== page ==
We’re just a little more than a month away from mLearnCon 2011, so it’s a good time to start boning up on some mobile learning terms. You don’t want to get caught up in a jargon-packed conversation at the conference and not know what your newly found mLearning colleague is talking about. This will be my third post of glossary terms so you can start by going back to the first two, “Ubiquitous, Context…Wha?” and “Fragmentation and NFC in Your Pedagogy,” to brush up on several terms right away. Strengthening your vocabulary not only equips you for your mLearnCon networking but it can also spark ideas of what you can do with your mobile learning strategy and implementation.
In this post we are going to focus on some of the features that are part of that mobile device you carry around with you everywhere: the smartphone. We tend to take for granted all that it can do. At the same time, you might be overlooking some of its capabilities. Take for instance the smartphone’s ability to change an app’s orientation when you hold the phone sideways. This is handled by the accelerometer in most cases. The accelerometer measures the acceleration of the device and uses the information to present the content on the screen for the best user experience. This feature is often leveraged in gaming for better display and control, and it can give better readability and viewing angle during reading, listening to music, and watching videos. If you have an iPhone 4, this feature is enhanced by a gyroscope in the phone. The gyroscope works with the accelerometer and the result is more accurate motion sensing and increased fluid responses in the applications that take advantage of it. You may want to consider this feature in your mobile learning especially if your content is better displayed in a landscape mode. If it will make your user experience better, then you will want to take advantage of it.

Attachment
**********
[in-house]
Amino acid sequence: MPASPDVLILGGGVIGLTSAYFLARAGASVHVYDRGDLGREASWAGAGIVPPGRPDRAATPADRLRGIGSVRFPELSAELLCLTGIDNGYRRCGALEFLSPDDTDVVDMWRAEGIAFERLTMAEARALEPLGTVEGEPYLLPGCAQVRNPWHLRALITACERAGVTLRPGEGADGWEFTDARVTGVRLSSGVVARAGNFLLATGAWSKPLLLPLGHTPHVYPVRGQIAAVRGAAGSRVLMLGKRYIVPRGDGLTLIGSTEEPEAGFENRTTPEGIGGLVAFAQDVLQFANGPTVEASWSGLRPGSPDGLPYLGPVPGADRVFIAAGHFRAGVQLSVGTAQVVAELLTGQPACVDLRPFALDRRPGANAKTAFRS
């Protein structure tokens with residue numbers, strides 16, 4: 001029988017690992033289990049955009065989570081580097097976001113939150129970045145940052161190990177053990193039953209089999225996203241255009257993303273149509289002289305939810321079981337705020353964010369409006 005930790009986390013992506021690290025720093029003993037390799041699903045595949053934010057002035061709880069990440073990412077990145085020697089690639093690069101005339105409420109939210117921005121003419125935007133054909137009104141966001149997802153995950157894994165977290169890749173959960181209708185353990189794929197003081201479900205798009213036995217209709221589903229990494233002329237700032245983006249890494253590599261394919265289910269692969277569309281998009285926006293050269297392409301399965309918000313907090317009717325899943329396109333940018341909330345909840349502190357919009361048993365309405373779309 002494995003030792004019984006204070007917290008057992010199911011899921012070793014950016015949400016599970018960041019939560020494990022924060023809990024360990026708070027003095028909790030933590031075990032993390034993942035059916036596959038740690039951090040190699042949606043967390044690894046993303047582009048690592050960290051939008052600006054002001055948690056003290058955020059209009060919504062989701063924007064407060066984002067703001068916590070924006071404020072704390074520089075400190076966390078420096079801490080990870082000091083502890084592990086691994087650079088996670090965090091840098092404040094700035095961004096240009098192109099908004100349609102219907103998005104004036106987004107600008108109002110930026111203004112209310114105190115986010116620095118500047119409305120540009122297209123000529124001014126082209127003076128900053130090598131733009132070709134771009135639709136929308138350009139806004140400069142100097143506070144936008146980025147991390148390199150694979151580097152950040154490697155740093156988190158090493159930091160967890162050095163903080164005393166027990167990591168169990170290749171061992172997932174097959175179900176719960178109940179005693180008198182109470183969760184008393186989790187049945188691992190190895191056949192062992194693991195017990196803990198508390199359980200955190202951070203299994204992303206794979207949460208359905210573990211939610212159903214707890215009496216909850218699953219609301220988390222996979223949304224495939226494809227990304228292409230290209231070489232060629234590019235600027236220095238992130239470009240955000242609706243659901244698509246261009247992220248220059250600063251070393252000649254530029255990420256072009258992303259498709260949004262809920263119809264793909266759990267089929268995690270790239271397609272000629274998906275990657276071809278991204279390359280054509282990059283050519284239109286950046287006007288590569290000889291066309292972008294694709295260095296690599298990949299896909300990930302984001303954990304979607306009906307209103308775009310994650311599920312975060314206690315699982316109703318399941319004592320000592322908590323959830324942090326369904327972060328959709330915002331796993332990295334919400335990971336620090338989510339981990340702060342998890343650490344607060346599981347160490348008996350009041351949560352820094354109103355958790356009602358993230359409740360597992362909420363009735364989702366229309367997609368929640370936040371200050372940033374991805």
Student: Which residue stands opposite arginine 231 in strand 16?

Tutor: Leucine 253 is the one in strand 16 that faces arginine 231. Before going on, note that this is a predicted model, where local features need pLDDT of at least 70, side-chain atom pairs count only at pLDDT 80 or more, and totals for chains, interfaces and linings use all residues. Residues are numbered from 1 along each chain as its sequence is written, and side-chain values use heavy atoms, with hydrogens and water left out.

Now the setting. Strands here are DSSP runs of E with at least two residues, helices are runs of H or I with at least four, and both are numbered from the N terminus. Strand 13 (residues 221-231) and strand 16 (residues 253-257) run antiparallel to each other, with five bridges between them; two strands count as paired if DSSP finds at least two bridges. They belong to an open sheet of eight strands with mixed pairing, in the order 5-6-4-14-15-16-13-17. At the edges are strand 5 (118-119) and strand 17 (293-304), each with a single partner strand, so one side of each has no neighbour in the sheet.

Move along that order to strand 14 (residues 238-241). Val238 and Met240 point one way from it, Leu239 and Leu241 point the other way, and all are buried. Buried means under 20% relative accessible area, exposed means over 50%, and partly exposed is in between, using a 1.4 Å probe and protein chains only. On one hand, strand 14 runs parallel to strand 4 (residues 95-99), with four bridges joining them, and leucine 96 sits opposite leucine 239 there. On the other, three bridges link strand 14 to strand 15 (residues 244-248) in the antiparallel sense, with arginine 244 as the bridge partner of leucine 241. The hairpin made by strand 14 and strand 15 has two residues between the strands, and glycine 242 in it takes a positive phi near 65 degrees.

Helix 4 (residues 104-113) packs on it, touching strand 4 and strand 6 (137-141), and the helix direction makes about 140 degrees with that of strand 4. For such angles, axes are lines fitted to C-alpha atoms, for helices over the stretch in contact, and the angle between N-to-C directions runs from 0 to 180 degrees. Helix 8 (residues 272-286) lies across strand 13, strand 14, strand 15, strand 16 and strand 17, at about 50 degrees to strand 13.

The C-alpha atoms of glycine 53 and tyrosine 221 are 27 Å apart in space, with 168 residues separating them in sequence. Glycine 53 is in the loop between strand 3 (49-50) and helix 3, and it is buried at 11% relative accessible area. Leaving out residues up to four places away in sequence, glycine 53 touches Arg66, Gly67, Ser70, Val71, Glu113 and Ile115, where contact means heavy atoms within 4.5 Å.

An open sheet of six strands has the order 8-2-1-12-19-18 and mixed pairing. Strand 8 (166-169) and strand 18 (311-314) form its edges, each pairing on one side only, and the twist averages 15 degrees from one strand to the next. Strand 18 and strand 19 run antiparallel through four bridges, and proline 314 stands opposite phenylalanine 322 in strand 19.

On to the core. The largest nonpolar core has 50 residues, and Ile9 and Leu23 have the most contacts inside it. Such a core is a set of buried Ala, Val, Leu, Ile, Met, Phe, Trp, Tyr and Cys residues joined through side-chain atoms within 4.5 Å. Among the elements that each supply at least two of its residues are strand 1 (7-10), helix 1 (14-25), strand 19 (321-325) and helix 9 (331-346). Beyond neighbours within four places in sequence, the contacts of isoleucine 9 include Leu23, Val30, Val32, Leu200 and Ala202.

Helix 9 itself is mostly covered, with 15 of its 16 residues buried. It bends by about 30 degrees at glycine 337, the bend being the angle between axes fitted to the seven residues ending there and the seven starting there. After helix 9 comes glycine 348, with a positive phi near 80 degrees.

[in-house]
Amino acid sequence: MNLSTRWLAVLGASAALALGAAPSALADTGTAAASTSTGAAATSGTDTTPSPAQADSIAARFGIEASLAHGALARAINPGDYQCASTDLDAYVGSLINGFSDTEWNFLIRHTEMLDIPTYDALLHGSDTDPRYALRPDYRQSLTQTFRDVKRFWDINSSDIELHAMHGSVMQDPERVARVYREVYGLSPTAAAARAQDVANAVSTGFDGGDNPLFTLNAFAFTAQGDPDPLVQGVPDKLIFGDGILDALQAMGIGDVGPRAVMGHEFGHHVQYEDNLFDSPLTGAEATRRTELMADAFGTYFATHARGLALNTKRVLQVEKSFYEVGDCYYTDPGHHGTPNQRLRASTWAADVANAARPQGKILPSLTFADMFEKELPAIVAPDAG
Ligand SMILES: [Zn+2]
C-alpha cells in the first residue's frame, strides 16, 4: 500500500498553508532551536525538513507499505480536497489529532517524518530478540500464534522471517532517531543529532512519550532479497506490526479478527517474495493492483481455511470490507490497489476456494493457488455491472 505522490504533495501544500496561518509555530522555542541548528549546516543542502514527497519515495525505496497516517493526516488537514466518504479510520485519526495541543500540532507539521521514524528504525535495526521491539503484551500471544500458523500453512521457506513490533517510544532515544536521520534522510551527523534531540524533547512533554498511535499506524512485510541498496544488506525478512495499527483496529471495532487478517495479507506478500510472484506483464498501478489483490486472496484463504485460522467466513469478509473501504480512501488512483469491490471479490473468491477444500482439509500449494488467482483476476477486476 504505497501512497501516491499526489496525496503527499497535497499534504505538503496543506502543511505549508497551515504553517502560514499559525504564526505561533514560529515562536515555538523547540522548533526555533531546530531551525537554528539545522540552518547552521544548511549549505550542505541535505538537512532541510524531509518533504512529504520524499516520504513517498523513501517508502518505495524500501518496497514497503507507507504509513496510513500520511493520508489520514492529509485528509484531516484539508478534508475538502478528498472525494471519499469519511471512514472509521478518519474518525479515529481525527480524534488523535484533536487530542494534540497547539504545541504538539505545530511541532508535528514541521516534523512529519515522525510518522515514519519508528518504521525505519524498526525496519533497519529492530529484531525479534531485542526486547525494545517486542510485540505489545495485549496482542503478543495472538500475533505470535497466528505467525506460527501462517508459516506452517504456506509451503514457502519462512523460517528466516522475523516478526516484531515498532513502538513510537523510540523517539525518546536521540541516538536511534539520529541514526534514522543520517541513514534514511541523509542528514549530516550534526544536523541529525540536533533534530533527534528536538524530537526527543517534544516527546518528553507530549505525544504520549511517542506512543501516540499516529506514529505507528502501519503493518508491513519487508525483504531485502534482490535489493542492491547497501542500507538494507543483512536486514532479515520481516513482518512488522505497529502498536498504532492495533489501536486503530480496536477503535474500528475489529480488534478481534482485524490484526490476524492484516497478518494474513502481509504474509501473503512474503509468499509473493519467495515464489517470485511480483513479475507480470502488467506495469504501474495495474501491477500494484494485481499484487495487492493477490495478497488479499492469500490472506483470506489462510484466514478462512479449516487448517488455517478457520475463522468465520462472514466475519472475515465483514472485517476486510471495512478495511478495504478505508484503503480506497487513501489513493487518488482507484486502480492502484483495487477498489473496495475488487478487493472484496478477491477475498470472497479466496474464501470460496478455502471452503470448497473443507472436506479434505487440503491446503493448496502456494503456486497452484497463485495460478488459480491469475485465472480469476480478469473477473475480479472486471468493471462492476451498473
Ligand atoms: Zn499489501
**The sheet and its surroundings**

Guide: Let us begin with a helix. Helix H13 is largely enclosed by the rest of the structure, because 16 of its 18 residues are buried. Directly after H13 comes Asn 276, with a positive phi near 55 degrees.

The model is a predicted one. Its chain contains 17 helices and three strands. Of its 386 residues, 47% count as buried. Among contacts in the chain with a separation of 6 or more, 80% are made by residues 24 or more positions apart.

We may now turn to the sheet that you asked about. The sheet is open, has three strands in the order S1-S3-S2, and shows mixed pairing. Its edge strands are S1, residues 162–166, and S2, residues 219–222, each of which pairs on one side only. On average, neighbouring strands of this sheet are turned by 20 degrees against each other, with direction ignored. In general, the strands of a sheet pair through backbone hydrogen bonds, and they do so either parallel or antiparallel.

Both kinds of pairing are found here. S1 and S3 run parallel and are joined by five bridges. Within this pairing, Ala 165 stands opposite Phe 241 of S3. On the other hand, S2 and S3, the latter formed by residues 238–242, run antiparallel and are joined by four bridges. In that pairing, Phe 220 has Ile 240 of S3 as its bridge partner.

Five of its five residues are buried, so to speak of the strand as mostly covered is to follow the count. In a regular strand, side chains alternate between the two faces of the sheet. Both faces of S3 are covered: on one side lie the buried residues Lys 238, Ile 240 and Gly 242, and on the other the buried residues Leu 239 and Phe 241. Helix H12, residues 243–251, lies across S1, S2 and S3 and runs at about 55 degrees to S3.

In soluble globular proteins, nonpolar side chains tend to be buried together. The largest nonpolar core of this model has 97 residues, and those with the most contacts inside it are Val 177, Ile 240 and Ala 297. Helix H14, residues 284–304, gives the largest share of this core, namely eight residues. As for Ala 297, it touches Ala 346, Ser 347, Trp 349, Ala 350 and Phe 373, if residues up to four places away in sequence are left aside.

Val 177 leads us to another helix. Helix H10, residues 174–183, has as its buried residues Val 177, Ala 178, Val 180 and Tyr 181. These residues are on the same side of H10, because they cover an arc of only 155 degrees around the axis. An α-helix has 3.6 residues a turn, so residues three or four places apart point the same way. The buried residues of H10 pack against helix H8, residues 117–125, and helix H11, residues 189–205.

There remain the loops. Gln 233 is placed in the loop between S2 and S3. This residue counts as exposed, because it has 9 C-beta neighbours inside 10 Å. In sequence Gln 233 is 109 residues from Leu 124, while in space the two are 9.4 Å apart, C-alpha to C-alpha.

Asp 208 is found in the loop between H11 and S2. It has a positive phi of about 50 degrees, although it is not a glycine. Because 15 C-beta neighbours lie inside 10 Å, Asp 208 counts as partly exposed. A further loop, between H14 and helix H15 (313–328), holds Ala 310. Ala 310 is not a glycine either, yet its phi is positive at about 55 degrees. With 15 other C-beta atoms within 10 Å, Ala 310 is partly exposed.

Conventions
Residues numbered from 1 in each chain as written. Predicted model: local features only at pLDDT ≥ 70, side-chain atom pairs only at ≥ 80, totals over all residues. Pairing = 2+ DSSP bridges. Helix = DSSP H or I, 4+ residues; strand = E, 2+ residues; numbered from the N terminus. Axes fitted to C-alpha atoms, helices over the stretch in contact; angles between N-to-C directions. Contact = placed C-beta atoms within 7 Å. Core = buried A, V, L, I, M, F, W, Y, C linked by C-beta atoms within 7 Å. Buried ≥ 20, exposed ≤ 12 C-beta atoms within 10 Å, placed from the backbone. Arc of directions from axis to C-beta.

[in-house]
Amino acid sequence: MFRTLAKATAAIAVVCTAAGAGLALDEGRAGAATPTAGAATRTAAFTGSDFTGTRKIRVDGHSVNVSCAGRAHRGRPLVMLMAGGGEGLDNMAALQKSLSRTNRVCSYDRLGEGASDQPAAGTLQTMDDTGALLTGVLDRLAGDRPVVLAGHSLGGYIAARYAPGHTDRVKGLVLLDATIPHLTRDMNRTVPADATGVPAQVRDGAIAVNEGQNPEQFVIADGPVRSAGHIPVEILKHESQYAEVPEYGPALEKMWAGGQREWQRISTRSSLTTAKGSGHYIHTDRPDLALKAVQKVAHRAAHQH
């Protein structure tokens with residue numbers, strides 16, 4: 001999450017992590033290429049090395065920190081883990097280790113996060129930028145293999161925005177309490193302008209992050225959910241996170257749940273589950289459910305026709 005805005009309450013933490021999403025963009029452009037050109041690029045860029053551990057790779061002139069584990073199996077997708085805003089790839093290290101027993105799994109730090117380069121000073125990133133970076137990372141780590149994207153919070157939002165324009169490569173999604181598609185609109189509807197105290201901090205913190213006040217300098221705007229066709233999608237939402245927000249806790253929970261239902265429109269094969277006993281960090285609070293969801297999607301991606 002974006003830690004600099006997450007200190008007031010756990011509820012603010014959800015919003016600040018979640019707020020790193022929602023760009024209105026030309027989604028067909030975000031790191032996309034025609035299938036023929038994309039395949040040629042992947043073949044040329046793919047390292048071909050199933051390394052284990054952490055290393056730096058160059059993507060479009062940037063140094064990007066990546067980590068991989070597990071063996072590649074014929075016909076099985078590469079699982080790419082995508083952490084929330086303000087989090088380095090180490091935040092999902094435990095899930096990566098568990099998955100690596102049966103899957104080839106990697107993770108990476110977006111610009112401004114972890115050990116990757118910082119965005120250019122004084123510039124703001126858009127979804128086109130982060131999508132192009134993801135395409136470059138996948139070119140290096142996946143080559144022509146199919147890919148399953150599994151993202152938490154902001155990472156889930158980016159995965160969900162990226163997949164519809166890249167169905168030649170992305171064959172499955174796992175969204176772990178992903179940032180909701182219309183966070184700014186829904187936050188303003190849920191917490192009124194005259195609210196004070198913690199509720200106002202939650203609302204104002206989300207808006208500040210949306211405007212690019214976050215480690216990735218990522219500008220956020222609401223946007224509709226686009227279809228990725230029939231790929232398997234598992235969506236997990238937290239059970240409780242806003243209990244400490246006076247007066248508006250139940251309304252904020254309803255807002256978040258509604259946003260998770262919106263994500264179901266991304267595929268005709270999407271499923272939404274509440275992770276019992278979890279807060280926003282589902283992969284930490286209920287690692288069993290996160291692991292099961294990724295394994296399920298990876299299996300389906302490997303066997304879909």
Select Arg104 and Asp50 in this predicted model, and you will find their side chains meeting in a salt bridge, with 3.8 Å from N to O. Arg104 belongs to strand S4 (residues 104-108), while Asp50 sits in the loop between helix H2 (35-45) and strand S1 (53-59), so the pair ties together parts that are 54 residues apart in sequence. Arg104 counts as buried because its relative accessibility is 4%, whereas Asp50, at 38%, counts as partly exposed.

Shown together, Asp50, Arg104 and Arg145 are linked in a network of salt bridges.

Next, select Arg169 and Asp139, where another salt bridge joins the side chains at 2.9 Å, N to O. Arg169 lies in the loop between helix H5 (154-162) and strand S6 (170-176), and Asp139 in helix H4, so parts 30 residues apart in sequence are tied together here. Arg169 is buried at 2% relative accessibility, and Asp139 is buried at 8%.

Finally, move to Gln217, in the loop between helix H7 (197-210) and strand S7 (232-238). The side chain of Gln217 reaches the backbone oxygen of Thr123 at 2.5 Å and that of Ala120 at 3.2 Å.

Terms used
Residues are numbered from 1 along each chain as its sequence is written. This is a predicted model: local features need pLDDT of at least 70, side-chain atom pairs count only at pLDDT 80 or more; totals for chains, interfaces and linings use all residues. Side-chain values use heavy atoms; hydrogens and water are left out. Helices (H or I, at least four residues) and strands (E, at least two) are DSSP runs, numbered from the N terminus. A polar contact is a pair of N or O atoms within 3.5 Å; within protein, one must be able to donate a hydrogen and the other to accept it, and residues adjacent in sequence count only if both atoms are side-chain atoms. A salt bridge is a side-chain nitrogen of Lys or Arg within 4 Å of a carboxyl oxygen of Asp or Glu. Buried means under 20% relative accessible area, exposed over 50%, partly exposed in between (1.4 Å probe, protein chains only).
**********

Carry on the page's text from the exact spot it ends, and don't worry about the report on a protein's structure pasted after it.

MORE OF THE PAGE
There is another “meter” in your smartphone called a magnometer which is a digital compass. Like the compass you used in Boy or Girl Scouts, the magnometer can tell which direction your mobile device (and presumably you) is facing. It works like your real compass by reading the earth’s magnetic field. You can already guess how this feature can enhance user experiences. For instance, the magnometer works with your GPS in navigation software to help you with your turn-by-turn directions. Or it can play a big part in augmented reality games by telling you which direction to head next to find the next clue. Or if you have used an application that overlays information over your smartphone camera image, it is very possible the app is utilizing the magnometer. Consider using this feature in your mobile learning if directional instructions are part of your design.